United States District Court, N.D. Illinois, Eastern Division
PAUL HITTERMAN, ACTING REGIONAL DIRECTOR OF REGION 13 OF THE NATIONAL LABOR RELATIONS BOARD FOR AND ON BEHALF OF THE NATIONAL LABOR RELATIONS BOARD, Petitioner,
UNIVERSAL SECURITY, INC., Respondent.
P. Lynch, Jr.One of the Attorneys for Respondent
MOTION FOR RELIEF FROM JUDGMENT AND TO STAY THE
EXECUTION OF THE COURT'S ORDER
UNIVERSAL SECURITY, INC. (“Universal”), by its
attorneys, John P. Lynch, Jr., William P. Bingle, and CREMER,
SPINA, SHAUGHNESSY, JANSEN & SIEGERT, LLC., moves this
Court for relief from judgment pursuant to Fed.R.Civ.P. 60
and to stay the execution of the Court's August 17, 2017
Order pursuant to Fed.R.Civ.P. 62 pending disposition of the
motion for relief from judgment, and in support thereof
states as follows:
motion and just terms, a district court may correct a mistake
arising from oversight when one is found in the record and
may relieve a party from a final judgment for such mistake
and/or other reasons justifying relief. Fed.R.Civ.P. 60(a)
& (b). A motion for relief from judgment is proper where
the court has misunderstood a party. Bank of Waunakee v.
Rochester Cheese Sales, Inc., 906 F.2d 1185, 1191
(7th Cir.1990). Relief under Rule 60(b) is
warranted upon a showing of extraordinary circumstances
creating a substantial danger that the judgment was unjust.
Dickerson v. Board of Educ. of Ford Heights, 32 F.3d
1114, 1116 (7thDist. 1994). Respectfully,
Universal argues here that several key matters were
overlooked and/or misunderstood in this Court's August
17, 2017 order and, as such, Court's judgment was unjust
and should be vacated.
predominant - and almost singular - focus in the Memorandum
Opinion and Order is whether Subijano and Barnett disclosed
sensitive security information (“SSI”). While
they clearly disclosed SSI in their unfortunate statements to
the media, this is not all they did wrong and was not the
only basis for their terminations. Subijano and Barnett also
disclosed confidential information in violation of state law
and their training, which was an independent, sufficient
cause for their terminations. This important issue was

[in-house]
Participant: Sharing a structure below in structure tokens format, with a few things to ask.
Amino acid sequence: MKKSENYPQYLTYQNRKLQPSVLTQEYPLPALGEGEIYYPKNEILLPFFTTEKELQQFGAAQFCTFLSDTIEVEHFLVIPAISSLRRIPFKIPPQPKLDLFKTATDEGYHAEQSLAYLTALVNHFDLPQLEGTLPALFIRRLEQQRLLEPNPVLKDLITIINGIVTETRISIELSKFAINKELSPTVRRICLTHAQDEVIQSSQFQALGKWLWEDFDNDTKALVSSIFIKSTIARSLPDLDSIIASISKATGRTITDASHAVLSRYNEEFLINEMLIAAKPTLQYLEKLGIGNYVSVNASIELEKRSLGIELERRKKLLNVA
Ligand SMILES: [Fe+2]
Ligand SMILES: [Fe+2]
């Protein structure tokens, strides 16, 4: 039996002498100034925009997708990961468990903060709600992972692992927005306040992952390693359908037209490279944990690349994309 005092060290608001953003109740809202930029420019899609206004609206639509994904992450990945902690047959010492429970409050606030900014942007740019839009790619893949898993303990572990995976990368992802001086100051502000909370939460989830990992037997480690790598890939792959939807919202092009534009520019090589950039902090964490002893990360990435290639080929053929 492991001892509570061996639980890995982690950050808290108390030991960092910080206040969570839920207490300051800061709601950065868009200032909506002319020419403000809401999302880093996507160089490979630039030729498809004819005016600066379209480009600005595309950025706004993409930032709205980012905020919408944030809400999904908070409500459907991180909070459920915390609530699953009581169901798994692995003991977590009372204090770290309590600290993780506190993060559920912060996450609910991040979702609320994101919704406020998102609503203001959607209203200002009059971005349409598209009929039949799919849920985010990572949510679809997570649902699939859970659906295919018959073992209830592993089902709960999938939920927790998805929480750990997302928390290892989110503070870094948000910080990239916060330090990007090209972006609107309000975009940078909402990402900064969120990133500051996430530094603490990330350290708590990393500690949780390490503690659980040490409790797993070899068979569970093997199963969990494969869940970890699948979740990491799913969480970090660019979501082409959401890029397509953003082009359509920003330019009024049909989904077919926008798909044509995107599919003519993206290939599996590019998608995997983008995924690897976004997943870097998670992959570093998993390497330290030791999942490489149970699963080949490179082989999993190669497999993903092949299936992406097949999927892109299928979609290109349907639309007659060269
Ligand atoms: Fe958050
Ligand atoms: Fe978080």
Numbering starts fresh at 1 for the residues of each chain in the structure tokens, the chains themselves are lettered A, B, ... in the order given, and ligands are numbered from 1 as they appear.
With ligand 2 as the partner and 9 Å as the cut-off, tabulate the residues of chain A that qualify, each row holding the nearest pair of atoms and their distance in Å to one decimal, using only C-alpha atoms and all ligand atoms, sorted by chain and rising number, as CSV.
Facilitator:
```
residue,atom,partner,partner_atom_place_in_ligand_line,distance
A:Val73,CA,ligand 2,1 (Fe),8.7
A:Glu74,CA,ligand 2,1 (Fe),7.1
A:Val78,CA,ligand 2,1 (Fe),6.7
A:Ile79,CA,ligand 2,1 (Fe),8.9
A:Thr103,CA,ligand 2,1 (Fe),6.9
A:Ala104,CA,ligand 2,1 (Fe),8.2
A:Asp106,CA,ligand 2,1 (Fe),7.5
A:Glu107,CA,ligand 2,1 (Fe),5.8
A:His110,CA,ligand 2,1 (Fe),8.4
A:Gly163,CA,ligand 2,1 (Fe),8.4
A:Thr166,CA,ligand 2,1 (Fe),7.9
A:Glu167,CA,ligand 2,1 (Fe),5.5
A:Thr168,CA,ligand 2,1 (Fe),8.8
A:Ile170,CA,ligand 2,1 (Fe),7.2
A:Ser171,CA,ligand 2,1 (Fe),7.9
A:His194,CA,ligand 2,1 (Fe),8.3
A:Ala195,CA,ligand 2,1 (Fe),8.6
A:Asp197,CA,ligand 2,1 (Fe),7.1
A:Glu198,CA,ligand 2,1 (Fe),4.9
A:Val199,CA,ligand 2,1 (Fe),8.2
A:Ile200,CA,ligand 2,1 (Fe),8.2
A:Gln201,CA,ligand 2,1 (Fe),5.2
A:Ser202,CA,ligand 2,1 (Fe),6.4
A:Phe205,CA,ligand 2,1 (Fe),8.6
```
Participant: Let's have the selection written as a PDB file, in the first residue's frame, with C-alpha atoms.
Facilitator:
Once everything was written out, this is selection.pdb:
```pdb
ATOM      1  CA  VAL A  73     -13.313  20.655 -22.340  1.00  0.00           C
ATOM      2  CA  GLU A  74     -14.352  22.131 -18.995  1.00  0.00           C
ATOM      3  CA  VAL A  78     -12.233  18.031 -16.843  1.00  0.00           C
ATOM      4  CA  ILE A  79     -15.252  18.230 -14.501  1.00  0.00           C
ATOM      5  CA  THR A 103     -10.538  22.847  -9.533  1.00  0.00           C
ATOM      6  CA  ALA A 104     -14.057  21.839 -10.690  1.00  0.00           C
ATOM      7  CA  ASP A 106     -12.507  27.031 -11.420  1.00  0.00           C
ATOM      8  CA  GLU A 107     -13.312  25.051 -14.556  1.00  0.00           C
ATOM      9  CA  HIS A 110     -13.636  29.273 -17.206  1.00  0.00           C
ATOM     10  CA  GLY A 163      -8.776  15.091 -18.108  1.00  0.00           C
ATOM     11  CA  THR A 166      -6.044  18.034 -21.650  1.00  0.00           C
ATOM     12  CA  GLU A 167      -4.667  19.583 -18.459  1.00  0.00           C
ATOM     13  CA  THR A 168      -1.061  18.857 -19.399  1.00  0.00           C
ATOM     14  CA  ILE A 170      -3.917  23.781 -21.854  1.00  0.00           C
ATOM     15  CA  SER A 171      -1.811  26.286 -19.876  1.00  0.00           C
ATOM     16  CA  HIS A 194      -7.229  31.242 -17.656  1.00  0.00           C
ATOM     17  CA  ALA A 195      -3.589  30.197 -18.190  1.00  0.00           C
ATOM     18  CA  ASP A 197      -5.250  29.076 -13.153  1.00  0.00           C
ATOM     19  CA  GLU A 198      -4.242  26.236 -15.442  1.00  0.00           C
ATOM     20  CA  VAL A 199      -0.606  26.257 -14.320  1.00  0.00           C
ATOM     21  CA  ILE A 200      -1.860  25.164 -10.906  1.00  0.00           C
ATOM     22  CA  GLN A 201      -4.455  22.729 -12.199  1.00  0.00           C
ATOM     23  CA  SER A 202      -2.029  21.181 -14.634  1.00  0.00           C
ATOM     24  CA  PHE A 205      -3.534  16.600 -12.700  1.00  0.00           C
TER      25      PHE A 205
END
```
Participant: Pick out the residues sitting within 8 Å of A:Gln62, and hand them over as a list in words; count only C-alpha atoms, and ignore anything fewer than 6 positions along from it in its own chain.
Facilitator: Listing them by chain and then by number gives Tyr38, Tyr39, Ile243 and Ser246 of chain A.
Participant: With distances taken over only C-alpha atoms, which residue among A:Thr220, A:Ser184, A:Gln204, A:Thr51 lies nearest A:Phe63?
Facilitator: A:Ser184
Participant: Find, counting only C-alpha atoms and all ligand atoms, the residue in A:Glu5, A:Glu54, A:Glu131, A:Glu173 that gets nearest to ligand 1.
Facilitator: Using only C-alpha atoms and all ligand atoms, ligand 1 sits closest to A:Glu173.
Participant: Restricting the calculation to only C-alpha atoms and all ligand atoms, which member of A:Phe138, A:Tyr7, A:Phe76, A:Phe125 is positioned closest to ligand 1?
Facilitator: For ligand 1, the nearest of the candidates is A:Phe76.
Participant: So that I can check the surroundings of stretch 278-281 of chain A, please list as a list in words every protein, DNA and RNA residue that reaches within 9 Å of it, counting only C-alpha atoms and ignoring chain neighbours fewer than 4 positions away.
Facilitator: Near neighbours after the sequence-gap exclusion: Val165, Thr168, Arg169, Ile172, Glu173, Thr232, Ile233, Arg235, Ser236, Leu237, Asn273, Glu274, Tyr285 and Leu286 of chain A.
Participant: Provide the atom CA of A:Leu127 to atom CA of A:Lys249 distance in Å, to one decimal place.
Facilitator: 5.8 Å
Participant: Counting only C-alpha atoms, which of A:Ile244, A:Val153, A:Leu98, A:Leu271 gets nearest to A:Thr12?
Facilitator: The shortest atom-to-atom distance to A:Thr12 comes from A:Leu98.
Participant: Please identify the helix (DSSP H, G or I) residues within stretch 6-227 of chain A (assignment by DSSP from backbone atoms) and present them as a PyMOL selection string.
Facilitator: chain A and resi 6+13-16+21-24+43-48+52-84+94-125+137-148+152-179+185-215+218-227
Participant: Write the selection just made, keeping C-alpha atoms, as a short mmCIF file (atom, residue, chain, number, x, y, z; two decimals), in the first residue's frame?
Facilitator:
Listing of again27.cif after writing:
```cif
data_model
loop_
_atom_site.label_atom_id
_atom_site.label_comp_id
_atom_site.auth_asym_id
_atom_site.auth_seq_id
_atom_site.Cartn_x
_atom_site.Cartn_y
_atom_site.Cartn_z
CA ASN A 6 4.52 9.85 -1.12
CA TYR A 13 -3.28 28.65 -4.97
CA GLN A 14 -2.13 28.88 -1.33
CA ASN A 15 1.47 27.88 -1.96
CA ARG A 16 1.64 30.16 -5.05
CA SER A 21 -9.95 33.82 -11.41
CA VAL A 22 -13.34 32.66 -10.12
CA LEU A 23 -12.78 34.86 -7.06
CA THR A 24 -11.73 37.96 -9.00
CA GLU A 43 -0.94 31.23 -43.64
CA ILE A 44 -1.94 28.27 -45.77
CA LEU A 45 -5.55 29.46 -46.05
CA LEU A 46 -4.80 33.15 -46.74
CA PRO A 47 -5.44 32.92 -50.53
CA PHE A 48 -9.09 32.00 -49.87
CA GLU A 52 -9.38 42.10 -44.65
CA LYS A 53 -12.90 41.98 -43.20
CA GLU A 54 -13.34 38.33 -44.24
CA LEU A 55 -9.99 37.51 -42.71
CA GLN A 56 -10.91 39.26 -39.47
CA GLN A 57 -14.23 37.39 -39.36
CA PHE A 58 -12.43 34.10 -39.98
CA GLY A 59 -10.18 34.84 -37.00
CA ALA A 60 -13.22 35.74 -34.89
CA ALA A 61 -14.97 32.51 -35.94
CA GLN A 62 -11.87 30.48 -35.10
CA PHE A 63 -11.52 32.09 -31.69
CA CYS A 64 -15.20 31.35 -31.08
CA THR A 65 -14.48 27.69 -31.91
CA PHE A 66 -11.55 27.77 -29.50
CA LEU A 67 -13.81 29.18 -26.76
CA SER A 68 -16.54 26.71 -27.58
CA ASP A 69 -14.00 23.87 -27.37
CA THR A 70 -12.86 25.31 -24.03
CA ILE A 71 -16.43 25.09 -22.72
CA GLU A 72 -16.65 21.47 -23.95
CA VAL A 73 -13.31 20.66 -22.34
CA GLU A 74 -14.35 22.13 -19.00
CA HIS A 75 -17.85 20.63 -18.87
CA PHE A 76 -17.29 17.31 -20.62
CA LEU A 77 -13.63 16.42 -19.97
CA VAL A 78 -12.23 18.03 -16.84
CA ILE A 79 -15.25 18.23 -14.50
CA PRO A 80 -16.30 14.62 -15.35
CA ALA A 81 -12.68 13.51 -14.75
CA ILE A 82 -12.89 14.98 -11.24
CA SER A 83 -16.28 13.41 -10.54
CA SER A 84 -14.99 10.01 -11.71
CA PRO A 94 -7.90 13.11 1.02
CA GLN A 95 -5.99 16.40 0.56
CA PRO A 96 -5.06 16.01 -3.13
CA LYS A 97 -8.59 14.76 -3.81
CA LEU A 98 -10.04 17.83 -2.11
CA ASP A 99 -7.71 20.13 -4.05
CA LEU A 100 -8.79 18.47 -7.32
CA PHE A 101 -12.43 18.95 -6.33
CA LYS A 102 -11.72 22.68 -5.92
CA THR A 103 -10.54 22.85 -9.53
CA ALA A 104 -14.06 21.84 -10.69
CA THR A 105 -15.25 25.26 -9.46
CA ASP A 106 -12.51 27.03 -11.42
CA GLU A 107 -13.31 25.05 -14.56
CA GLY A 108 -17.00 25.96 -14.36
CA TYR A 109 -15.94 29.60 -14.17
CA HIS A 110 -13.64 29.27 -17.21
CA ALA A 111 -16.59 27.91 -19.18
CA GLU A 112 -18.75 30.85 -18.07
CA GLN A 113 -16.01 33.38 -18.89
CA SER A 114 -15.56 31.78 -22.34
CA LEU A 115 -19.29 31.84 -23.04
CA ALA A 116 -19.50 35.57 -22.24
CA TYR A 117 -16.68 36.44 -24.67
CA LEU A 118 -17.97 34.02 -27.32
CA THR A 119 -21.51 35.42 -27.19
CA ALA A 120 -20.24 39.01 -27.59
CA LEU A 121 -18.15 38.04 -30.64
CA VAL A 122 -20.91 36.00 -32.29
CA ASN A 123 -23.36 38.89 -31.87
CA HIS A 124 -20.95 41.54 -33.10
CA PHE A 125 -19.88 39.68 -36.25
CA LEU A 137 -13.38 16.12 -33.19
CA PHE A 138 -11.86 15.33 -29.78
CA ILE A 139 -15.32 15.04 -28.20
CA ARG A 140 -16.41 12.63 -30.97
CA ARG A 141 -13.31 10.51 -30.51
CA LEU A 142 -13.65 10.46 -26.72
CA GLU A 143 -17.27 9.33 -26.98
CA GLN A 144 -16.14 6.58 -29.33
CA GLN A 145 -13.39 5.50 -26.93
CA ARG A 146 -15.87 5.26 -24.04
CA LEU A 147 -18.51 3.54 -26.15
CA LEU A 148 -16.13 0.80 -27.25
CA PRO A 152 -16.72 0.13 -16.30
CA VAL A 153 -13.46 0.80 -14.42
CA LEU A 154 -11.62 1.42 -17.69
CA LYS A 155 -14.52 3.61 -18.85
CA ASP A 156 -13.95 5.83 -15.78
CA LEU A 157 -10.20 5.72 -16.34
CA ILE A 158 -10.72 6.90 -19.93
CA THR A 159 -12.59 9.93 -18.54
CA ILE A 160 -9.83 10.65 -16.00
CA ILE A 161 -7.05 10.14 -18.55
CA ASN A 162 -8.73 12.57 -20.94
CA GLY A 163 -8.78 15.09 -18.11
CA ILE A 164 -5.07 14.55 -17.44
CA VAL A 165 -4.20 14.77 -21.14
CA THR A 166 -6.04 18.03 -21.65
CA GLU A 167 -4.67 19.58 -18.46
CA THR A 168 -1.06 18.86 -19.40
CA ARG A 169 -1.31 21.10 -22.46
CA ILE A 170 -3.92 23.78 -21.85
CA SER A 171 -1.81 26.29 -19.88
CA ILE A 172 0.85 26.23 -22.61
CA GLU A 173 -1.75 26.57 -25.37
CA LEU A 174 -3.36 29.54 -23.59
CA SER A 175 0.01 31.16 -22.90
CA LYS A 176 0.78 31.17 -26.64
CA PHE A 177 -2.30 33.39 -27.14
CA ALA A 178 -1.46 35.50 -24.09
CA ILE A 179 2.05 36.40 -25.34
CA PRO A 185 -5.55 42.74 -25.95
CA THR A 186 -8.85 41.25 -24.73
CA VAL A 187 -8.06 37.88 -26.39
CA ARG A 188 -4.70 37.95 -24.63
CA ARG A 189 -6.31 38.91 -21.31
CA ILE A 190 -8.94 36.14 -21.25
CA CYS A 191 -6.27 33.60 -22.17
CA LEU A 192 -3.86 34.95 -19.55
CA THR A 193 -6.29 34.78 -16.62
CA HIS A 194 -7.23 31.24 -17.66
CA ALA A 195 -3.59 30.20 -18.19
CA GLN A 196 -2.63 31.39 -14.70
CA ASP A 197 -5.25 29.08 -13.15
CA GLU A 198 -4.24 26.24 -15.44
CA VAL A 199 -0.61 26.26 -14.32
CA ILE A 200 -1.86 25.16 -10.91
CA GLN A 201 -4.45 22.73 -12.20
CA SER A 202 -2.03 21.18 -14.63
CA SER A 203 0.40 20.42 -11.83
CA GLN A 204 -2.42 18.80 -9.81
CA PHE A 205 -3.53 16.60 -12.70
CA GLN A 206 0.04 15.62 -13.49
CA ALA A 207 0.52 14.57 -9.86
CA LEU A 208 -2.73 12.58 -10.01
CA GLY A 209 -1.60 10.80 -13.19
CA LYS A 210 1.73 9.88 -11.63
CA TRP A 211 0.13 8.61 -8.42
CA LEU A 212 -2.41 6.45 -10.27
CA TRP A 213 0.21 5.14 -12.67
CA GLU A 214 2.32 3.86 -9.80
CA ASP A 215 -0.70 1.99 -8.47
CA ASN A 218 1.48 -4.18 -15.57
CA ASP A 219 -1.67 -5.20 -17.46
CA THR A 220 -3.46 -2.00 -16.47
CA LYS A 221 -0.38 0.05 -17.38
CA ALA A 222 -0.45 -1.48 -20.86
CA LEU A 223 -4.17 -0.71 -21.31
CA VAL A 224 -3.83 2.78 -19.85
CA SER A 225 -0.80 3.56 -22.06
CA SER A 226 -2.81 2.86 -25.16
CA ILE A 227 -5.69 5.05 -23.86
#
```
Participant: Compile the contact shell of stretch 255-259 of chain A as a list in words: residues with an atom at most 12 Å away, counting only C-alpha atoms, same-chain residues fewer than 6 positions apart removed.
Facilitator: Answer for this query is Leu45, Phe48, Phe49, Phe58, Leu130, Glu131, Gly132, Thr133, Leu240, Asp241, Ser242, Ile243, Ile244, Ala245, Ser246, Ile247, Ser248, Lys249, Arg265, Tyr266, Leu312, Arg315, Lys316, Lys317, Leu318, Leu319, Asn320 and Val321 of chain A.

ignored by the Court - much as it was ignored by the
petitioner. (Doc. 27, pp. 11-14.) Universal's argument
did not hinge on a determination that Subijano and Barnett
disclosed SSI - although they clearly did.
Court noted early on in its decision that the terminations
were due in part to disclosures by the complainants of the
details of their security work at O'Hare, but
its analysis of that issue stopped there. (Memorandum Opinion
and Order, p. 5.) It was well established that Subijano and
Barnett were trained that the details of their jobs
were not to be disclosed to unauthorized persons. (Tr. 321.)
Through this training process (mandated by the City of
Chicago) they were aware that their job duties were
confidential and were not to be disclosed to unauthorized
persons. (Tr. 89, 321.) The Illinois Department of
Professional Regulations (“IDPR”) prohibits
Universal's guards from disclosing confidential
information learned within the course of their employment.
Both Subijano and Barnett, however, admittedly disclosed such
confidential information. (Doc. 27, pp. 9-11.)
Q. You identified yourself as somebody having access to
security areas of the airport, true?
Q. And that was a statement that was prepared well before it
was given, correct?
Q. And you didn't discuss with anybody, with Universal,
or with the City or with TSA that you were going to give that
statement, did you?
A. No, I did not.
Q. And you're advised that if you divulge confidential
information or sensitive security information to people who
are not otherwise authorized to know, that could lead to